Weird Parents by Audrey Wood

An interesting read!  A boy wishes his parents weren’t so weird.  He feels embarrassed by them clowning around, but doesn’t realize other people enjoy the fun they create.  Then he wishes all parents were this weird, but realizes it isn’t possible, as this would make the weirdness common, and therefore, no longer weird.  This book is unique—the lead character is simply referred to as “a boy” or “my son.”  He hasn’t a proper name.  I’m guessing this was done to keep his story more universal to readers.  Naming him would make it a story about “Jimmy” or “Peter” and his weird parents.   Not naming him lets it be about anyone.  Feeling one’s parents are weird is not extraordinary.  Probably every kid feels that way at some point.  The illustrations are oddly fun.  This boy realizes he enjoys aspects of their weirdness, and loves and accepts his parents as they are.

orphans, wolves, rearing, detectives, mysteryThe Wolf Girls by Jane Yolen and Heidi Elisabet Yolen Stemple

This was an intriguing book, aimed at the 6 and up crowd.  It is written from the perspective of a young girl who is trying to solve a mystery from the 1920’s in India.  Her father is a detective.  The illustrations are quite nicely done by Roger Roth.  Two tiny girls are brought to an orphanage in India.  The girls are thought to have been raised by wolves.  They walk on all fours, and have other wolf type characteristics.  Though the missionary man who takes the girls in to his orphanage seems to have good intentions, he does exploit them for profit.  There is a wealth of new vocabulary words to learn. These words are well-explained.  The harm of gossip is portrayed, and ethical problems are brought up, but not expounded on.  The issues may provide a good discussion with kids.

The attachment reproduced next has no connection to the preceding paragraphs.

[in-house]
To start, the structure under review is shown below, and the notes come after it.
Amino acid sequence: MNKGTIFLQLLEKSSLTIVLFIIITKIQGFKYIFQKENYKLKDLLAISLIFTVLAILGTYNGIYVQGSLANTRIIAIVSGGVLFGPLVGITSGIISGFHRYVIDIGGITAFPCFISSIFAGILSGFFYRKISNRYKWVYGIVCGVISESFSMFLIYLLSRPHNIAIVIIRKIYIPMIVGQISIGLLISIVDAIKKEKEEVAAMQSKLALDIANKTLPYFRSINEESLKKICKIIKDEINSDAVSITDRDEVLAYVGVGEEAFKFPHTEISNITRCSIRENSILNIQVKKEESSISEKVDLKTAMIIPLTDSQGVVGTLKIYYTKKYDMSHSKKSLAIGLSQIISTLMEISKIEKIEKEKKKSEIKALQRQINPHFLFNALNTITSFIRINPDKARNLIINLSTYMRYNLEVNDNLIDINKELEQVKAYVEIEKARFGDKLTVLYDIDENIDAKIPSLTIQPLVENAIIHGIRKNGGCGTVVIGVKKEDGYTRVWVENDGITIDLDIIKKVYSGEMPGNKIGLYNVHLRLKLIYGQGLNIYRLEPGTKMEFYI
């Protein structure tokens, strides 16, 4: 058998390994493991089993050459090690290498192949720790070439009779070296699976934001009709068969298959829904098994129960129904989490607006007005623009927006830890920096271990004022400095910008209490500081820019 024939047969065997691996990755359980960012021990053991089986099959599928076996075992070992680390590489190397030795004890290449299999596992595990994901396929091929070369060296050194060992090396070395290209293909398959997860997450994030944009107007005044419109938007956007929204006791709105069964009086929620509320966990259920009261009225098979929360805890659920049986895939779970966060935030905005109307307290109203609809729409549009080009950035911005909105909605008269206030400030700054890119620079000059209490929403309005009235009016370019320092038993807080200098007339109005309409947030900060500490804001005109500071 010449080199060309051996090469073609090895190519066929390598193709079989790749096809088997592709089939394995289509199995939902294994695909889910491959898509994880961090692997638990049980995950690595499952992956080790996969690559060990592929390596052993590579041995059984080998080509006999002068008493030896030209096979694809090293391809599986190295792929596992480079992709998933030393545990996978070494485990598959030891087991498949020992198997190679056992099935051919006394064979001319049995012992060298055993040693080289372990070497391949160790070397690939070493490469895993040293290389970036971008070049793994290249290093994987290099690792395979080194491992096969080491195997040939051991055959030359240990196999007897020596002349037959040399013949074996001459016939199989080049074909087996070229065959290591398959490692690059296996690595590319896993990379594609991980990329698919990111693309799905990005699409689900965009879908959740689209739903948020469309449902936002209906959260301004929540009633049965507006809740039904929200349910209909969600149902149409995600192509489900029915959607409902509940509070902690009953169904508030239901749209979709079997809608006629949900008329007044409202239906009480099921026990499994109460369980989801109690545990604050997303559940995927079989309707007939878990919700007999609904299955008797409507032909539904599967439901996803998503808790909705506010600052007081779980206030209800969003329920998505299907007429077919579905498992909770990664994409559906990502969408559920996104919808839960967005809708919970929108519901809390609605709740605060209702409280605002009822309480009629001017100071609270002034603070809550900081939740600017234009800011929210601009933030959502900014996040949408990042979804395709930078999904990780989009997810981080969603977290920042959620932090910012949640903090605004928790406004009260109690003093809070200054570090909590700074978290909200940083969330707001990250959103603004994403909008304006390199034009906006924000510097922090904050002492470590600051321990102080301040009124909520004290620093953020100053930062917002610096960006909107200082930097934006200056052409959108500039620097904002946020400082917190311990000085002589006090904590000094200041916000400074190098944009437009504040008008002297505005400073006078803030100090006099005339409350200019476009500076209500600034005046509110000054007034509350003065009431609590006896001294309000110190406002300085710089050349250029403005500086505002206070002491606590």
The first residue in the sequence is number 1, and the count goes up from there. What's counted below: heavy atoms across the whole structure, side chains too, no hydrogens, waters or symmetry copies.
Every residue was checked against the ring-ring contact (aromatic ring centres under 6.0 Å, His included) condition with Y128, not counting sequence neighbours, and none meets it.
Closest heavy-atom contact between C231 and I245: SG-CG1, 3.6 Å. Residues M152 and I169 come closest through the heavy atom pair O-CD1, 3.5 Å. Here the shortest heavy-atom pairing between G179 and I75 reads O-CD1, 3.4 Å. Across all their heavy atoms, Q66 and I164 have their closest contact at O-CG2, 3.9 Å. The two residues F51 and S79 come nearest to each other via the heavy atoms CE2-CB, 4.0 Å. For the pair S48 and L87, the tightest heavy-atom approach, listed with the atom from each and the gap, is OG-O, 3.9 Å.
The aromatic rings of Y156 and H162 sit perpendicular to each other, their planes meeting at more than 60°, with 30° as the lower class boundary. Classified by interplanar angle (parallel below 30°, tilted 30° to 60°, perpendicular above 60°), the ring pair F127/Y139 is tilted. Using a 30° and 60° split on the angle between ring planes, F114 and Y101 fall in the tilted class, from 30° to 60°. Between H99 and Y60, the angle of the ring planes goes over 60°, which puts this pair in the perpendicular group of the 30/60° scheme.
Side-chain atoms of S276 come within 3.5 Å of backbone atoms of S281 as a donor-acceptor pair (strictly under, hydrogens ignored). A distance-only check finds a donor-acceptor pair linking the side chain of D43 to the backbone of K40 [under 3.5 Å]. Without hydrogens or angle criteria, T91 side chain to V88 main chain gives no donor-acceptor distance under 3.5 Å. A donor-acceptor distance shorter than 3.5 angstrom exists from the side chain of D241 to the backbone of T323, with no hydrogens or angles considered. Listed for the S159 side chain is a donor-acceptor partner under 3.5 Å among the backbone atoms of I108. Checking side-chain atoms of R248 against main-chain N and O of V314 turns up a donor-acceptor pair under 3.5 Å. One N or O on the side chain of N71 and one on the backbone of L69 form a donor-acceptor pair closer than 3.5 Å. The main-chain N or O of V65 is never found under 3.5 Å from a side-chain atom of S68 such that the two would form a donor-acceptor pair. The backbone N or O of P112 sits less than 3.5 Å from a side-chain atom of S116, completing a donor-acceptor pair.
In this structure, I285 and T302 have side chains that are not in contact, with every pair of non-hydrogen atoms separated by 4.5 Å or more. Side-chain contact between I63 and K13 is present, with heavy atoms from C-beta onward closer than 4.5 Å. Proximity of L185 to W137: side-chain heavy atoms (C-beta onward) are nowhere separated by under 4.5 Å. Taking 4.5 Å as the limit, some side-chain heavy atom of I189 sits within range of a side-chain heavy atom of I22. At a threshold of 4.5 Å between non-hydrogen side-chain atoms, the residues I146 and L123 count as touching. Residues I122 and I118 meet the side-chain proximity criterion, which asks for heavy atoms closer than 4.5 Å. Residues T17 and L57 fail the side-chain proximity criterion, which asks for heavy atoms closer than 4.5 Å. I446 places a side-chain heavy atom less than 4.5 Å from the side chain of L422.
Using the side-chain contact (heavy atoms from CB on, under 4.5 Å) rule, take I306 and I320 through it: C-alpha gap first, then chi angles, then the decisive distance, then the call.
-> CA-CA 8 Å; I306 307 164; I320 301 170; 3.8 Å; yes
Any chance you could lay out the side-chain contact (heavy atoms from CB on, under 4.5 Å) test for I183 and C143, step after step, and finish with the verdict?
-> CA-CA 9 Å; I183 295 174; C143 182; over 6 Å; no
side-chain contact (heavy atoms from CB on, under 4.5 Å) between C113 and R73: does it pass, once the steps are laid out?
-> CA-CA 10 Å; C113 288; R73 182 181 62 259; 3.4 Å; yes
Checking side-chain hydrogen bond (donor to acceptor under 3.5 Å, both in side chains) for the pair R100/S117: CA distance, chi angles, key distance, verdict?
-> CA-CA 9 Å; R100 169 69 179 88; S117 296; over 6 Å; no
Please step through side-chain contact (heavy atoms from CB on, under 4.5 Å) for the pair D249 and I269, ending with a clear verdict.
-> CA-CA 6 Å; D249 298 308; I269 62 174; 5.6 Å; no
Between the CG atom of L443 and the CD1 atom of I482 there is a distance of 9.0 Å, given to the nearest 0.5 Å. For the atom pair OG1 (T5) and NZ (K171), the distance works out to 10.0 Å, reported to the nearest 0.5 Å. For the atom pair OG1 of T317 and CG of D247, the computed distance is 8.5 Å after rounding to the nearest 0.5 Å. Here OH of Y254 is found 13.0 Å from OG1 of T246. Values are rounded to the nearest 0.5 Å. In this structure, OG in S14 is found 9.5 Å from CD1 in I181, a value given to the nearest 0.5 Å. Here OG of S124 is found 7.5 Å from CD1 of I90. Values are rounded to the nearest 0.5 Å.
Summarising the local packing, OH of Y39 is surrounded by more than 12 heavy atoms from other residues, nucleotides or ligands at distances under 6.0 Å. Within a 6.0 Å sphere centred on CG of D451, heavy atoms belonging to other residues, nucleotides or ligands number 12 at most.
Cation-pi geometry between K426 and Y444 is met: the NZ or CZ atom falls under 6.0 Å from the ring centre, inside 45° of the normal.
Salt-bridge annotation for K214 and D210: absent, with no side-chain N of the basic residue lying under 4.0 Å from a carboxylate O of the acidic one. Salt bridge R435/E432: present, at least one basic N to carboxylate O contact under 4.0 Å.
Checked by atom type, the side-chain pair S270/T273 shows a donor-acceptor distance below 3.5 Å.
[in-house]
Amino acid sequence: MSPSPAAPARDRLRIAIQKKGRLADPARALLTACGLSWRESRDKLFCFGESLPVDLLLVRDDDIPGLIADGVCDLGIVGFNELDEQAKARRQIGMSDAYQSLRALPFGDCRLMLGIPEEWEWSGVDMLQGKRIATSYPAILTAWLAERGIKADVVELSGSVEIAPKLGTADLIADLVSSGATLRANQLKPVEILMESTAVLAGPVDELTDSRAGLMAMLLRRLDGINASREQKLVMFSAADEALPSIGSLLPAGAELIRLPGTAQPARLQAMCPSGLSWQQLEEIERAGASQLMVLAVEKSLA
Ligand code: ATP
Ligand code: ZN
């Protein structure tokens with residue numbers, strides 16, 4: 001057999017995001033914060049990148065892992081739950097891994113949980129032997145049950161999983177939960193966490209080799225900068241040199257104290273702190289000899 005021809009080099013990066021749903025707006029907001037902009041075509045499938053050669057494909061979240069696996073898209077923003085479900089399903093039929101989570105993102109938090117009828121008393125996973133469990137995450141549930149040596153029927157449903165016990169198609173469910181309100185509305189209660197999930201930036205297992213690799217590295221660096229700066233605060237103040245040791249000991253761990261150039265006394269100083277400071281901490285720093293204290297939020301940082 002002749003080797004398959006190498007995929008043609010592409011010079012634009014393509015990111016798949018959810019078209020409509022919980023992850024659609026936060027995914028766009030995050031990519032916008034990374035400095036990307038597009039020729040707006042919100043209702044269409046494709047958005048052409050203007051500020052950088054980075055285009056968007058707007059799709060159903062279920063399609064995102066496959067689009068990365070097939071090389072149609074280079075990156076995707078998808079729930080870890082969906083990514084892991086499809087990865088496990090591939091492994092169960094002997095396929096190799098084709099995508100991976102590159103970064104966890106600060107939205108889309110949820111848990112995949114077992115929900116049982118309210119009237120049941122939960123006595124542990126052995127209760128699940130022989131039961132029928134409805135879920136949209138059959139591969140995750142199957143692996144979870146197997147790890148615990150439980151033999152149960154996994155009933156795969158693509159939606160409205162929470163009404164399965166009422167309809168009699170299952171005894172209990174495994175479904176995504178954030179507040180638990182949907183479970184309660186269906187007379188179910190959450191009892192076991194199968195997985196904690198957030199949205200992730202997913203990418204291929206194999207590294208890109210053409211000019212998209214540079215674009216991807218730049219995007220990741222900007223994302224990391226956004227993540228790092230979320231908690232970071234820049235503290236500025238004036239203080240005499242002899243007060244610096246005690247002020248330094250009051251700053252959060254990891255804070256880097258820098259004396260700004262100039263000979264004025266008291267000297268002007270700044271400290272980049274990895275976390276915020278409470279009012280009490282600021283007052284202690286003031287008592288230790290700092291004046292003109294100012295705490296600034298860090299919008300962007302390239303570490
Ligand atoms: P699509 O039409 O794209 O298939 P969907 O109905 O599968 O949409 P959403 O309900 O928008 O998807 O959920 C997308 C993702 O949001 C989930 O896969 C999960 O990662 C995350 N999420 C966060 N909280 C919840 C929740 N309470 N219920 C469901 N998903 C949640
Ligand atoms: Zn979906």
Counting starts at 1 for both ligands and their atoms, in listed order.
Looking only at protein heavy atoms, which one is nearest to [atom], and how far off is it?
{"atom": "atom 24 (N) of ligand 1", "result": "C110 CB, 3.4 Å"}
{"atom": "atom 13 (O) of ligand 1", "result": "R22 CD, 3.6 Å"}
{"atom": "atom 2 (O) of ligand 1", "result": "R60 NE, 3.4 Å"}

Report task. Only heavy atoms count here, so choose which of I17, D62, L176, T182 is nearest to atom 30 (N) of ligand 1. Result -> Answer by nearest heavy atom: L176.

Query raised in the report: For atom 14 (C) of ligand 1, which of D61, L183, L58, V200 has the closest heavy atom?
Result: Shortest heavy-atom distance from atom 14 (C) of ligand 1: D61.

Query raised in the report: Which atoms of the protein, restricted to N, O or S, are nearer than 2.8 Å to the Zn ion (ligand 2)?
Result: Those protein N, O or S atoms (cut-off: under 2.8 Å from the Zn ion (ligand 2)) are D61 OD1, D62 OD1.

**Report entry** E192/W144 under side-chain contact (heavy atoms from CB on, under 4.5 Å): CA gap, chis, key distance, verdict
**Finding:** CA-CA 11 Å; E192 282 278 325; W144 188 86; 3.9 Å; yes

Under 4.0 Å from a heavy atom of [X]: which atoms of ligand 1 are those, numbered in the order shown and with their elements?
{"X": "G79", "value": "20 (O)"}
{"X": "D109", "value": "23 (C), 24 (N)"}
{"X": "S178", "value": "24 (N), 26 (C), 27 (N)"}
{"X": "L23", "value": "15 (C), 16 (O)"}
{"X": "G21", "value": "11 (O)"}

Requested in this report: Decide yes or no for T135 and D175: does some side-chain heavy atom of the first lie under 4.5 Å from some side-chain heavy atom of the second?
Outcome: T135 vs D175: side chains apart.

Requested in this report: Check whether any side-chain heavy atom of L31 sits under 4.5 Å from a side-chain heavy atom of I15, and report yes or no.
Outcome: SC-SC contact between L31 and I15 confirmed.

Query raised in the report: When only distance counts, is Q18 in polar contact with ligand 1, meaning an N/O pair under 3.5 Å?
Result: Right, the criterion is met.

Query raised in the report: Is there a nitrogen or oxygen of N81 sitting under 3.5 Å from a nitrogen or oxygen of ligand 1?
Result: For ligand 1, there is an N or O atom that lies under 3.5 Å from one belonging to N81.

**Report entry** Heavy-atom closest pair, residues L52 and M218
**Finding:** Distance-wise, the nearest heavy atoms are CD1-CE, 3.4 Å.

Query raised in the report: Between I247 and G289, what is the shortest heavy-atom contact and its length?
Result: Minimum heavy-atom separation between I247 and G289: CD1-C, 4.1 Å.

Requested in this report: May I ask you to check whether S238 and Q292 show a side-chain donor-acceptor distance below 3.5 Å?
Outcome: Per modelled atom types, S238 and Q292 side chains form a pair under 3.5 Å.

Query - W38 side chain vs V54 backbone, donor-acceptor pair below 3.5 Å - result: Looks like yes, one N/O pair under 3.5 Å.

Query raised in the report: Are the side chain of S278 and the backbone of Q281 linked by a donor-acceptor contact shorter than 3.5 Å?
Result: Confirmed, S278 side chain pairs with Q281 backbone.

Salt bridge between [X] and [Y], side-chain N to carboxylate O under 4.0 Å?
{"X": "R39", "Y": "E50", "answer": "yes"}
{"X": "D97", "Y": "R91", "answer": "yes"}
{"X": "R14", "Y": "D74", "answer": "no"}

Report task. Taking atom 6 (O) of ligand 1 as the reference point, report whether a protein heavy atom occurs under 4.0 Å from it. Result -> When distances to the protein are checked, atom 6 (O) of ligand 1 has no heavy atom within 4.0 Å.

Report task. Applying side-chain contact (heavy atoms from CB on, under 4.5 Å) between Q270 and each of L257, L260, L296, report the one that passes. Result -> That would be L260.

My only qualm with this book is that it introduces topics I think are too emotionally loaded for kids who are under 9 or 10 years old.  There is enough tragedy and hard things that go on in the world, and the media blasts these across televisions on a daily basis.  I find myself wanting to protect children from these things as long as possible. Kids today have enough to contend with in our world.  Additonally, children being raised by wolves, isn’t a necessary evil to require a cautionary tale.  Your kids aren’t going to run up against children with this problem in their schools, on playdates, or anywhere else.  The only value I can see in subjecting younger children to this story, is to evoke empathy in them towards others who have been greatly disadvantaged.  It is a painful story that is quite tragic.

Stay tuned!  More book reviews coming very soon!  The next group are all artistically inclined…………….


6 thoughts on “A host of new books to peruse!

  1. What a fantastic collection of books Adriana. And I love the succinct sypnosis and reviews! Who knew Kristi Yamaguchi had written a children’s book? The Wolf Girls sounds very interesting but I agree some of the themes in the book may be a bit advanced for young readers. Or, at the very least, it would be important for parents to deconstruct the book a bit for their kids as they read or after they have read it with their kids.

    Thanks so much for sharing this post in the Kid Lit Blog Hop! Hope you are having a lovely day! 🙂